Relations between soil moisture and satellite vegetation indices in the U.S. Corn Belt
Satellite-derived vegetation indices extracted over locations representative of midwestern U.S. cropland and forest for the period 1990–94 are analyzed to determine the sensitivity of the indices to neutron probe soil moisture measurements of the Illinois Climate Network (ICN). The deseasoned (i.e., departures from multiyear mean annual cycle) soil moisture measurements are shown to be weakly correlated with the deseasoned full resolution (1 km × 1 km) normalized difference vegetation index (NDVI) and fractional vegetation cover (FVC) data over both land cover types. The association, measured by the Pearson-moment-correlation coefficient, is stronger over forest than over cropland during the growing season (April–September). The correlations improve successively when the NDVI and FVC pixel data are aggregated to 3 km × 3 km, 5 km × 5 km, and 7 km × 7 km areas. The improved correlations are partly explained by the reduction in satellite navigation errors as spatial aggregation occurs, as well as the apparent scale dependence of the NDVI–soil moisture association. Similarly, stronger relations are obtained with soil moisture data that are lagged by up to 8 weeks with respect to the vegetation indices, implying that soil moisture may be a useful predictor of warm season satellite-derived vegetation conditions. This study suggests that a “long-term” memory of several weeks is present in the near-surface hydrological characteristics, especially soil water content, of the Midwest Corn Belt. The memory is integrated into the satellite vegetation indices and may be useful for predicting crop yield estimates and surface temperature anomalies.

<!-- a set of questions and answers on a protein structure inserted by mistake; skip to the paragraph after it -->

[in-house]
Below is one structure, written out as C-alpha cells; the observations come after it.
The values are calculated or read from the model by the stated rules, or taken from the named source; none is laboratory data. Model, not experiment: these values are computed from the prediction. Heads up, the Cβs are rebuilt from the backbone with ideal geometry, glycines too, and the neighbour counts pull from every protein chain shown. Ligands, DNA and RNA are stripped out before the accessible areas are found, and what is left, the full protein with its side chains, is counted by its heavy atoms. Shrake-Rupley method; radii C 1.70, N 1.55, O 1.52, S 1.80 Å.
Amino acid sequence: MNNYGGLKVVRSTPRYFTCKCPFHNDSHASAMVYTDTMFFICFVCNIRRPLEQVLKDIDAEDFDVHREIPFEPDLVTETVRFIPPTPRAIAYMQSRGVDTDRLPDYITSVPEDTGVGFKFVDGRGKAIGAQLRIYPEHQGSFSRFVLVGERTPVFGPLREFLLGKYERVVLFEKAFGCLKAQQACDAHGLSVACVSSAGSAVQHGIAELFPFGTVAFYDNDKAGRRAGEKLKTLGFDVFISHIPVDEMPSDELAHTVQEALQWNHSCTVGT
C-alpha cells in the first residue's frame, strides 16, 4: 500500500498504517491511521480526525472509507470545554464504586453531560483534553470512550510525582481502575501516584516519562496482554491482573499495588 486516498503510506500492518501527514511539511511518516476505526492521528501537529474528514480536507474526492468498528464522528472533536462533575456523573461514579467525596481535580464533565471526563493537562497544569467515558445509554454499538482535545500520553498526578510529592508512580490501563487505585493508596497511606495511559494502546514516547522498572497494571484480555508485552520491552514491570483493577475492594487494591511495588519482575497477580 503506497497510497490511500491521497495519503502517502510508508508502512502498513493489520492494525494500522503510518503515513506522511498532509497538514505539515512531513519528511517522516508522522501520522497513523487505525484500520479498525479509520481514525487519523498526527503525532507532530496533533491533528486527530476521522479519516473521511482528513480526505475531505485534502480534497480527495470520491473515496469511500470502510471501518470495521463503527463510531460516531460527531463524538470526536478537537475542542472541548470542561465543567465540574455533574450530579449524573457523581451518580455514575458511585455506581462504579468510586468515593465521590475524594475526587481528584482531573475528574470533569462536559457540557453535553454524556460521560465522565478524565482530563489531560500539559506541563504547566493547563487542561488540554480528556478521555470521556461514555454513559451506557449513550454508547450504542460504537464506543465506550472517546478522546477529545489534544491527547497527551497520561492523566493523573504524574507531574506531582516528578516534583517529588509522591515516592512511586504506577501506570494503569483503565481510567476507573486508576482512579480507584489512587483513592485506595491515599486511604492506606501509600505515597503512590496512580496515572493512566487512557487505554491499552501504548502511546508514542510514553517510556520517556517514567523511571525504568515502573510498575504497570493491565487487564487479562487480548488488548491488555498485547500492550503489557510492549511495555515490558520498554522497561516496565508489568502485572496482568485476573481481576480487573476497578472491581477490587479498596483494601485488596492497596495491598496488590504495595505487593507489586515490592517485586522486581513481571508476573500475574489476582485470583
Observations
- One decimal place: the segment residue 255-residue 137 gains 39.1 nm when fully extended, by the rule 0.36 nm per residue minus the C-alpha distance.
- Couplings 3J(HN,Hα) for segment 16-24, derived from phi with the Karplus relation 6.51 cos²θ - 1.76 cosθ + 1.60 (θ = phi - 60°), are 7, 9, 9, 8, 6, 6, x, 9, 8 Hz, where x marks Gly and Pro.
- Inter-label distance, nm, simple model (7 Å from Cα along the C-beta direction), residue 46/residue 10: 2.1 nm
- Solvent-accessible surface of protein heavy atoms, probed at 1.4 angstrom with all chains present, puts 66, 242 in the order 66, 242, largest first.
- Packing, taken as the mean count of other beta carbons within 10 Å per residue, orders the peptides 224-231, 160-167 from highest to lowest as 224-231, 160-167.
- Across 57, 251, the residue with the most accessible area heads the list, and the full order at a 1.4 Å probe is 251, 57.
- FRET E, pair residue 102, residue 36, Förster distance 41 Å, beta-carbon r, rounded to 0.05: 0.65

Additional publication details
|Publication Subtype||Journal Article|
|Title||Relations between soil moisture and satellite vegetation indices in the U.S. Corn Belt|
|Series title||Journal of Hydrometeorology|
|Publisher||American Meteorological Society|
|Contributing office(s)||Earth Resources Observation and Science (EROS) Center|